The world remembers David Warren on his 13th Death Anniversary, an Australian research scientist at the Aeronautical Research Laboratory (ARL) in Melbourne, Known for the invention of flight data recorder and cockpit voice recorder (FDR, CVR) or also called the black box.
What is a flight recorder?
A flight recorder is an electronic recording device placed in an aircraft for the purpose of facilitating the investigation of aviation accidents and incidents. The device may often be referred to colloquially as a "black box", an outdated name which has become a misnomer-they are now required to be painted bright orange, to aid in their recovery after accidents.
David was educated at Launceston Church Grammar School and Trinity Grammar School, New South Wales. His father died in the tragic crash of the de Havilland D.H.86 Miss Hobart over the Bass Strait in 1934.
He earned a Bachelor of Science degree with Honours from the University of Sydney, a PhD in fuels and energy from Imperial College London, a Diploma of Imperial College, and a Diploma of Education from the University of Melbourne.
David Warren was born in 1925 at a remote mission station on Groote Eylandt in the Gulf of Carpentaria, North Australia. He was the first European child to be born on Groote Eylandt.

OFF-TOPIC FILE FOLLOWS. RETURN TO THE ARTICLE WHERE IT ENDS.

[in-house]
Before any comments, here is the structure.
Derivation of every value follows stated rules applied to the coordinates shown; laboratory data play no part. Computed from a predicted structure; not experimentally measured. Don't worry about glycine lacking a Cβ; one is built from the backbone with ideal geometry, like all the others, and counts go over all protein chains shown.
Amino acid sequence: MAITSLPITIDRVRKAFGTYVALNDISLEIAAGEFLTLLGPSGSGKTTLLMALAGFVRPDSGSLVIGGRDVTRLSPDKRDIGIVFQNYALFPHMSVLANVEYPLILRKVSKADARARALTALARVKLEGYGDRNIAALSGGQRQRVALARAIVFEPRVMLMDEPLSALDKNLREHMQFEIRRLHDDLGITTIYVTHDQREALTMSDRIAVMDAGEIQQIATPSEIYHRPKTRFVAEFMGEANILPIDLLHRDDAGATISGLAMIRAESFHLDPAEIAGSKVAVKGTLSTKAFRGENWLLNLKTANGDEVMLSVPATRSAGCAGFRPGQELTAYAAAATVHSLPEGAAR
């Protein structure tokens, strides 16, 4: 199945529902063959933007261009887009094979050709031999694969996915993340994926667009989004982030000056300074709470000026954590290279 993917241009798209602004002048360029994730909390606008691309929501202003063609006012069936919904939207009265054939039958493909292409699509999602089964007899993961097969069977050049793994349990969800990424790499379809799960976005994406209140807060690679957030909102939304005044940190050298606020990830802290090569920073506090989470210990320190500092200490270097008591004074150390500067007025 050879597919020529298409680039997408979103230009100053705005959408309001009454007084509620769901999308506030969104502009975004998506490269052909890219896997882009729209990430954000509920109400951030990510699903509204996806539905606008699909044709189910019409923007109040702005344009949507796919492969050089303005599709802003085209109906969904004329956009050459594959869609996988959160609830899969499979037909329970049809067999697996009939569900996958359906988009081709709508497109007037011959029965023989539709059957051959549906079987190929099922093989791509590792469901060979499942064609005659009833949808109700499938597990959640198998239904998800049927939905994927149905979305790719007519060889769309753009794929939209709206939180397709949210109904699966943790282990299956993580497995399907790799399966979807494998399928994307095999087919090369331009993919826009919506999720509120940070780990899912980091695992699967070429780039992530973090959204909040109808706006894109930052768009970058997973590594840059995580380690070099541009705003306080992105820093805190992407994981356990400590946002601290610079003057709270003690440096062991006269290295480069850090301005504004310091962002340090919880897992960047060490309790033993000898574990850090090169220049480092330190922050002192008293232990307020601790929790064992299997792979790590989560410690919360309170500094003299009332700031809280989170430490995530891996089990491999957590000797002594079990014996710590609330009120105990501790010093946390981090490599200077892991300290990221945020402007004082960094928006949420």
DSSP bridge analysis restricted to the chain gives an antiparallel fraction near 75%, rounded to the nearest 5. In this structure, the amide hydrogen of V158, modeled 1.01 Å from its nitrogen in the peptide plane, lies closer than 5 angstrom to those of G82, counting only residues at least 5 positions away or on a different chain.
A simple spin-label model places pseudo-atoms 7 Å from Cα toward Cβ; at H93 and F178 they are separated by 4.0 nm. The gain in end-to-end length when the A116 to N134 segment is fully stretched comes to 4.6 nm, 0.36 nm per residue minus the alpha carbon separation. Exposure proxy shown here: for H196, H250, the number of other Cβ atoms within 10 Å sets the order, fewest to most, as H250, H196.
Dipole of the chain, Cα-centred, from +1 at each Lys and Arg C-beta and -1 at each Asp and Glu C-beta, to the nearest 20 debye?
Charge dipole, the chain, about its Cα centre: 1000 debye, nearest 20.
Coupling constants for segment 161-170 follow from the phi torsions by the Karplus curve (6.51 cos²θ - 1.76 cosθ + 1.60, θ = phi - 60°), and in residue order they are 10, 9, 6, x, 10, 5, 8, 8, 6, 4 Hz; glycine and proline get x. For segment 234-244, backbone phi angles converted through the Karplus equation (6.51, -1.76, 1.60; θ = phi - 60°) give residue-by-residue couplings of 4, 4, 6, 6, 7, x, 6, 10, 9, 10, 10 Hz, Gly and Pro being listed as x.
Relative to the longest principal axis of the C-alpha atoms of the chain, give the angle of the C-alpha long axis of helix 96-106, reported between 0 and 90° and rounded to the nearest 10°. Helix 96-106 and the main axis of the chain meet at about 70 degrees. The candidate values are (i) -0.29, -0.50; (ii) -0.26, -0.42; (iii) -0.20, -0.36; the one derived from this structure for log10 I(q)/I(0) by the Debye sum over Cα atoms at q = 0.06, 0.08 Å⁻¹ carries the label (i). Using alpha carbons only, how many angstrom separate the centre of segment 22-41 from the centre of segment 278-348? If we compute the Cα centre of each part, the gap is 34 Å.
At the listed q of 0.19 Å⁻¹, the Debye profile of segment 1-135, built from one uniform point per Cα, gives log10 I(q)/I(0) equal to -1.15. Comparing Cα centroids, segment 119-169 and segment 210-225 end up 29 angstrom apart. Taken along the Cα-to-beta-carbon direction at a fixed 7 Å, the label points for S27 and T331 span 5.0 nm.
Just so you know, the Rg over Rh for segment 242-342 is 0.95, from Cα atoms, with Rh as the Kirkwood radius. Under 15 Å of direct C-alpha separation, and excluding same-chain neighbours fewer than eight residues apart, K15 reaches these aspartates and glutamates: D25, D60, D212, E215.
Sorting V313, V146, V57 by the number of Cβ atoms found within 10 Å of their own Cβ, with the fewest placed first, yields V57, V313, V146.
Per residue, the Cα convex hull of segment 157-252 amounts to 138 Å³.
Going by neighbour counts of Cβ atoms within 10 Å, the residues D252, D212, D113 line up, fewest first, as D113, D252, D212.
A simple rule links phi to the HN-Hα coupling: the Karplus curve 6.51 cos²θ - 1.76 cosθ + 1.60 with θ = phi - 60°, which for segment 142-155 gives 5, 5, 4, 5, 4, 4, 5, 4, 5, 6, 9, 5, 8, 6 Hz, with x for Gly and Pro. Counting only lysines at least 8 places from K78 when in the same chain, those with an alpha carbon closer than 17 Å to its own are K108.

Invention of the Black Box Device
In the mid-1950’s he was involved in the accident investigations related to the mysterious crash of the world’s first jet-powered commercial aircraft, the Comet. It occurred to Dave that it would be extremely useful if there had been a recording of what had happened in the aeroplane immediately prior to the crash. David then recalled the world’s first miniature recorder that he had recently seen at a trade fair. Suddenly he could visualise such a recorder placed in all aircraft, continually recording details and able to be recovered after a crash.
It was 1958, during an informal visit to ARL by Sir Robert Hardingham, the former British air Vice-Marshal, that the breakthrough occurred. David Warren was asked, during his lunchtime, to demonstrate his ‘unofficial project’. Straightaway Sir Robert saw the potential. David and his black box were almost immediately on a flight to England. The reception there was most encouraging. The Ministry of Aviation announced that the installation of the black box flight recorder for instrument readings might soon be made mandatory. The black box was also successfully demonstrated in Canada. In America the authorities declined an invitation from the Australian Embassy to demonstrate the device.
It was only after the crash of a Fokker Friendship at Mackay (Queensland) in 1960 that the inquiry judge strongly recommended that black box flight recorders be installed in all airliners. Australia then became the first country in the world to make cockpit-voice recording compulsory.
Since that time, David Warren’s invention, the black box flight recorder, has been universally adopted as a means to investigate accidents and to prevent their recurrence.
The black box flight recorder has more than proved itself with its significant contribution to international airline safety.